The Bobolink – National Wildlife Federation, 1939

When I was young, I rode my bicycle for miles each day.

First, to deliver newspapers, and then to explore the country roads that lay beyond the small town and the suburban homes in the area where I lived.

Before these fields and meadows were covered with housing developments, and before road congestion grew dangerous to bike riders, this was a favorite pastime.

On summer days, I often paused in the perfect silence to hear the bees, listen to the birds, and observe the wildflowers that bordered the fields.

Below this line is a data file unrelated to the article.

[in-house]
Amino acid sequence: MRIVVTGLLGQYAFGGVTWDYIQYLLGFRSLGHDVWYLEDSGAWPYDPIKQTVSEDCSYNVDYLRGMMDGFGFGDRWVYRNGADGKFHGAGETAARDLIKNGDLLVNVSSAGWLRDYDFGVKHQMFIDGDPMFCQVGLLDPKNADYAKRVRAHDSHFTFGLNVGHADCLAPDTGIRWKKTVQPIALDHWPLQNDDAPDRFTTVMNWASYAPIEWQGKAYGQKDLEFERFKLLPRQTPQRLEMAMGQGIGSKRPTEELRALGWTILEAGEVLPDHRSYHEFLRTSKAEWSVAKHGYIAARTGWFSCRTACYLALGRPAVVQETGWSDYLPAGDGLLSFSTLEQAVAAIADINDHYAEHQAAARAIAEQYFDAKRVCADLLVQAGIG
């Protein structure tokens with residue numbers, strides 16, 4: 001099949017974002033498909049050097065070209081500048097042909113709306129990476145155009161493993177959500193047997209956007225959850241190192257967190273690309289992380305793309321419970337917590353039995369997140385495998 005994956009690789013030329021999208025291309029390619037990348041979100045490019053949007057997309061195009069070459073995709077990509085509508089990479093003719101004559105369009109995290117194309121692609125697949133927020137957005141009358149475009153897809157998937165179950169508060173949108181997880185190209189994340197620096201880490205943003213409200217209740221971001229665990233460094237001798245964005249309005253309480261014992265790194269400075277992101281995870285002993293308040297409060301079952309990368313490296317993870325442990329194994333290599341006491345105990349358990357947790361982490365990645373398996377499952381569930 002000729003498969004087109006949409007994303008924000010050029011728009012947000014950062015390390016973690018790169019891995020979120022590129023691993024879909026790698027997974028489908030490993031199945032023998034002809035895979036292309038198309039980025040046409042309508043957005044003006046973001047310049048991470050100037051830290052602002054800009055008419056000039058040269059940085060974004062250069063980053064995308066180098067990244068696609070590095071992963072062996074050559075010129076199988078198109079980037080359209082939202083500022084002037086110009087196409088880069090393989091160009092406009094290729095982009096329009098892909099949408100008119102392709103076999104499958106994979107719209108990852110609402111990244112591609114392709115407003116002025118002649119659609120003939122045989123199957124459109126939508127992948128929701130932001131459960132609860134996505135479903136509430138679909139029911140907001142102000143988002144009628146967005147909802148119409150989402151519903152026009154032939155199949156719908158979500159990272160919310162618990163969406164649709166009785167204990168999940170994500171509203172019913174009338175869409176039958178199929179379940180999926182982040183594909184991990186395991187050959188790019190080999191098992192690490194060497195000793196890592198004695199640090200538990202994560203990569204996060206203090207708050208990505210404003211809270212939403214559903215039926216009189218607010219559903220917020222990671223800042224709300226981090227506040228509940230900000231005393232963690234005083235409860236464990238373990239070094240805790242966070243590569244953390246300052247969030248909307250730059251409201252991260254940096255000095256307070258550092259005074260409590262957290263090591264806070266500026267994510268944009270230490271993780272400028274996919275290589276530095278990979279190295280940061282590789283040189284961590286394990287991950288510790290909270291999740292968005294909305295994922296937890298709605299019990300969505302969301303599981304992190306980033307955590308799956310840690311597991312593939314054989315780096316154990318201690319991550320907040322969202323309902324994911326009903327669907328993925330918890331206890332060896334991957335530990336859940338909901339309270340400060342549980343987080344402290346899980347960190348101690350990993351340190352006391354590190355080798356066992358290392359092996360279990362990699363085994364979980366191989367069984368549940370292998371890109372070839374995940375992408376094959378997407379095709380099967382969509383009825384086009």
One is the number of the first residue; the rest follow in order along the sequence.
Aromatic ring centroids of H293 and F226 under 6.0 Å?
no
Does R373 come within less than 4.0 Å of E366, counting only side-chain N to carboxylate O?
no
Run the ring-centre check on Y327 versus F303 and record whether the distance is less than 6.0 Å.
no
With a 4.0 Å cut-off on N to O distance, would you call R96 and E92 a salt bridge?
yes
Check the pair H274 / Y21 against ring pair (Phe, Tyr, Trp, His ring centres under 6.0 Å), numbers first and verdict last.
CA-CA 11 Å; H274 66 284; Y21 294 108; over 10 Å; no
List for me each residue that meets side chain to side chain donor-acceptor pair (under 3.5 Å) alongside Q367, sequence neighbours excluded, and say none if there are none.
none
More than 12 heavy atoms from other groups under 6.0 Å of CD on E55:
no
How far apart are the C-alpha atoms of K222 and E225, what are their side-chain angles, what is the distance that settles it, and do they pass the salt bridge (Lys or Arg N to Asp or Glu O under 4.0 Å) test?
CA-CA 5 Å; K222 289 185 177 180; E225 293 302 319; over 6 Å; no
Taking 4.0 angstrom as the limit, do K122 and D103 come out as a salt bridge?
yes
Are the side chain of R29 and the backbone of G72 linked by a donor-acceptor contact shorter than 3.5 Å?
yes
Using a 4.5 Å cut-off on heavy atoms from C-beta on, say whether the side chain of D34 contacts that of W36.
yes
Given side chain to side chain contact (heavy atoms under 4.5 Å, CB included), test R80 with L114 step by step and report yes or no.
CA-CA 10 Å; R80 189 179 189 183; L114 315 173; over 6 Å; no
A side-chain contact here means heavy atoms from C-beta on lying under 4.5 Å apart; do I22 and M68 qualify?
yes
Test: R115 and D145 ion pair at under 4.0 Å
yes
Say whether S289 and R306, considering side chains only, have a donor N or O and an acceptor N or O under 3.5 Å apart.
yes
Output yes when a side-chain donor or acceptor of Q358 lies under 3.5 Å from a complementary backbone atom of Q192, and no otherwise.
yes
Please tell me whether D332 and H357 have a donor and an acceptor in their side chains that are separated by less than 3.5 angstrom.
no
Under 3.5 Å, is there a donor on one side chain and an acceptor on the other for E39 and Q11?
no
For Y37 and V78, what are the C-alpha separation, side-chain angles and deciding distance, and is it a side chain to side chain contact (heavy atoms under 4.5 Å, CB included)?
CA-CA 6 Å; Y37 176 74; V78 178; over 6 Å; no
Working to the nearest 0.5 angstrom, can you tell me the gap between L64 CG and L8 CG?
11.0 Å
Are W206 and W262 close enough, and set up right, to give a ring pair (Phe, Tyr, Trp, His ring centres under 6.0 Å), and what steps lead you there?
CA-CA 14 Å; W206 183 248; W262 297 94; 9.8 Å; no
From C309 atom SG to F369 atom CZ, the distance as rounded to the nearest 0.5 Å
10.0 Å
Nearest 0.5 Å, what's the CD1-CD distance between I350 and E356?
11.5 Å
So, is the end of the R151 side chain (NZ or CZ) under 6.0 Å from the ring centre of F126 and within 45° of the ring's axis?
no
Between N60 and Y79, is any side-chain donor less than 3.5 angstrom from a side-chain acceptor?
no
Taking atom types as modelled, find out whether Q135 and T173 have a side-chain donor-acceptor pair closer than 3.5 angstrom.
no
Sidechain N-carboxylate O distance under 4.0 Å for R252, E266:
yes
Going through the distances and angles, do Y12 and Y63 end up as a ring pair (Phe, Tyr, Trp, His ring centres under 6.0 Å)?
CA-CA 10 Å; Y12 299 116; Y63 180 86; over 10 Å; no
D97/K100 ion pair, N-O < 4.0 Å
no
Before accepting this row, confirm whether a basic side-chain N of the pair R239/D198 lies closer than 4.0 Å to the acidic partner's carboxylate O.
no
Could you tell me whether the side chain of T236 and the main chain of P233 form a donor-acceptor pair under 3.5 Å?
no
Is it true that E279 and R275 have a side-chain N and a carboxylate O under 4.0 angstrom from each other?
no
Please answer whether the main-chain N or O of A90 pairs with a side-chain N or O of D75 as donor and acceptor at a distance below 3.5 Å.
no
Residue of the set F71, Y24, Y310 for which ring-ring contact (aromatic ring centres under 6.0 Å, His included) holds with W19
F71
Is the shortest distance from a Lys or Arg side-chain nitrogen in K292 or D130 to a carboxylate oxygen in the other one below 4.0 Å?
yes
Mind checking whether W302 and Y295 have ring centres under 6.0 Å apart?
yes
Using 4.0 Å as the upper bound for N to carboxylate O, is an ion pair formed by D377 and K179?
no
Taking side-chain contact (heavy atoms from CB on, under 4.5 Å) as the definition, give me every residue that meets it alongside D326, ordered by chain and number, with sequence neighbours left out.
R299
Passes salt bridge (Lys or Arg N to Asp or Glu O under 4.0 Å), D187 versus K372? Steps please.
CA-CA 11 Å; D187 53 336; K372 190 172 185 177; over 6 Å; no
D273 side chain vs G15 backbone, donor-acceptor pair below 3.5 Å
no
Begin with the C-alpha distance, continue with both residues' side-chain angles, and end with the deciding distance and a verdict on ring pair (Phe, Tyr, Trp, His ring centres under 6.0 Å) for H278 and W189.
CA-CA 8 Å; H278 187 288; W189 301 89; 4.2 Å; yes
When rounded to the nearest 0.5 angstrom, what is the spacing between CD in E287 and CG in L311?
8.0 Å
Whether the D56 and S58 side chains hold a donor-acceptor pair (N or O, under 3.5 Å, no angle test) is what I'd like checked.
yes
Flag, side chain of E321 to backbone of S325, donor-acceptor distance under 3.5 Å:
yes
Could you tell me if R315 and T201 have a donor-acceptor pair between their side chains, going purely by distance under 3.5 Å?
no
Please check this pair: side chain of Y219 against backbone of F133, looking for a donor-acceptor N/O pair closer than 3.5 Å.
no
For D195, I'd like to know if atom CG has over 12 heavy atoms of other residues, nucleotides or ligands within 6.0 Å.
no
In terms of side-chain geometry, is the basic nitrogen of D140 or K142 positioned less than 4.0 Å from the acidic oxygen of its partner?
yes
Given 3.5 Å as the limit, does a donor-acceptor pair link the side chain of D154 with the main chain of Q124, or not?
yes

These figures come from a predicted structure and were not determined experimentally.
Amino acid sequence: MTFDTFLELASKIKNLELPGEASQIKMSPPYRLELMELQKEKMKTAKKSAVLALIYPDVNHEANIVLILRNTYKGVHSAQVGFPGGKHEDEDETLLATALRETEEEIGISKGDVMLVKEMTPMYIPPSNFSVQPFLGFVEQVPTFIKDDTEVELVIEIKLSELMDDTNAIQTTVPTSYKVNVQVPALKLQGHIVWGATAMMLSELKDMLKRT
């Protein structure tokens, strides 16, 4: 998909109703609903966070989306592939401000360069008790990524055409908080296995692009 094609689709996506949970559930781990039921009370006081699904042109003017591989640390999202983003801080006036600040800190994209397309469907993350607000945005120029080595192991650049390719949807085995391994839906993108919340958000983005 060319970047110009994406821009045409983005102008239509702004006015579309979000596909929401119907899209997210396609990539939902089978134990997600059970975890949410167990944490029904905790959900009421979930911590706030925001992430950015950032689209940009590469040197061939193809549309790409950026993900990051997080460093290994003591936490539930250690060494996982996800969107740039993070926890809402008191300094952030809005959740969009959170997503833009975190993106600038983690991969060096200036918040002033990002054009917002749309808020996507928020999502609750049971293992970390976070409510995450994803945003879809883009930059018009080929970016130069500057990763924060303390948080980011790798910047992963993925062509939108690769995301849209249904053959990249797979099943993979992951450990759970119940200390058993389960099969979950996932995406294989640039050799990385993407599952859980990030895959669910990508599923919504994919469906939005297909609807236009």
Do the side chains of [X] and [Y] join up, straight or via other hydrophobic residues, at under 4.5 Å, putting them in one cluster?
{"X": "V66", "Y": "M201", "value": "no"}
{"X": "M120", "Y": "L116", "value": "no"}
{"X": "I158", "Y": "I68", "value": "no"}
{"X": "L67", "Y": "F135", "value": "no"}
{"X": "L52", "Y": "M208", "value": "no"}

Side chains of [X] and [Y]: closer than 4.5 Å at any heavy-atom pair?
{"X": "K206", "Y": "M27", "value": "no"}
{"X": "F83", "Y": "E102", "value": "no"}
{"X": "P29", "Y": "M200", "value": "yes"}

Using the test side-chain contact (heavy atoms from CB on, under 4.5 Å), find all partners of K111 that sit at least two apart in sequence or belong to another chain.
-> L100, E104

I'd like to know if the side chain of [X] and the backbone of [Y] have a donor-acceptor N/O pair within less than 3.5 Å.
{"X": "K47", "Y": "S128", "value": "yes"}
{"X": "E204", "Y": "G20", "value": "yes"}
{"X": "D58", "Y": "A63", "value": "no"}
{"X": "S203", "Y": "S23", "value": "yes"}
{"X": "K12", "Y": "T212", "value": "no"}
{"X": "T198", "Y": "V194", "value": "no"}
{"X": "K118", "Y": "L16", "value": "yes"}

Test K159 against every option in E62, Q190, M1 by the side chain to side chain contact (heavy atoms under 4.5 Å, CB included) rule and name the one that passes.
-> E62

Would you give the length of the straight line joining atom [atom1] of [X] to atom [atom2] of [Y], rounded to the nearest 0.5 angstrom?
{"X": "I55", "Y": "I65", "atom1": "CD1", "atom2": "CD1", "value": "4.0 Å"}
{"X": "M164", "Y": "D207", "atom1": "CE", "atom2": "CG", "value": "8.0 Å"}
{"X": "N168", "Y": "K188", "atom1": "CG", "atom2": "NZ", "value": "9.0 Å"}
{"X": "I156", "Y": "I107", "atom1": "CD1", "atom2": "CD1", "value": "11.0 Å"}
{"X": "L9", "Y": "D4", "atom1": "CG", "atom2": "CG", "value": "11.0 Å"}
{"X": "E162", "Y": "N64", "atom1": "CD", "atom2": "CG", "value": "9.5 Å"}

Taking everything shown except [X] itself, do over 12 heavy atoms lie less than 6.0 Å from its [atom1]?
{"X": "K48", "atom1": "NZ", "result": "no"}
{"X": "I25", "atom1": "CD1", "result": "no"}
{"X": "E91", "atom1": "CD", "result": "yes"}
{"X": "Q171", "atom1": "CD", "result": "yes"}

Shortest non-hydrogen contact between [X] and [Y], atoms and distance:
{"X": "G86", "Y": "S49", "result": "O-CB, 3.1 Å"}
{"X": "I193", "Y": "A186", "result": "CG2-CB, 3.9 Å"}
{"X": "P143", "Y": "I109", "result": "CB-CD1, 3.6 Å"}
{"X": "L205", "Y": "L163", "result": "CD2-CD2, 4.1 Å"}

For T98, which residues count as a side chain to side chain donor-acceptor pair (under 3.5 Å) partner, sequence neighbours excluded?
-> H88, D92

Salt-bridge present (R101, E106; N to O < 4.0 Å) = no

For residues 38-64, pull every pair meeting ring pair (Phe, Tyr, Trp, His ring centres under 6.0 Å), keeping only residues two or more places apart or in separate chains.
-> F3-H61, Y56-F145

(Why are country roads now bereft of flowering plants?  Rock salt from winter road maintenance?)

One could observe many birds, including the Bobolink.

Bobolinks love grassy fields and meadows, and the disappearance of these open spaces makes the bird much harder to find.

The postcard illustration was issued by the National Wildlife Federation in 1939; it was from a series on “National Wildlife”.

The postcard was not mailed, but may have been collected by one of the thousands of youngsters who avidly collected these images.

The appearance of this wildlife postcard differs somewhat from that of the Prothonotary Warbler and of the Bluebird posted on this site – those postcards were from a series of “Eastern Songbirds”.

Here’s to the preservation of fields and meadows and to the songs of the birds!


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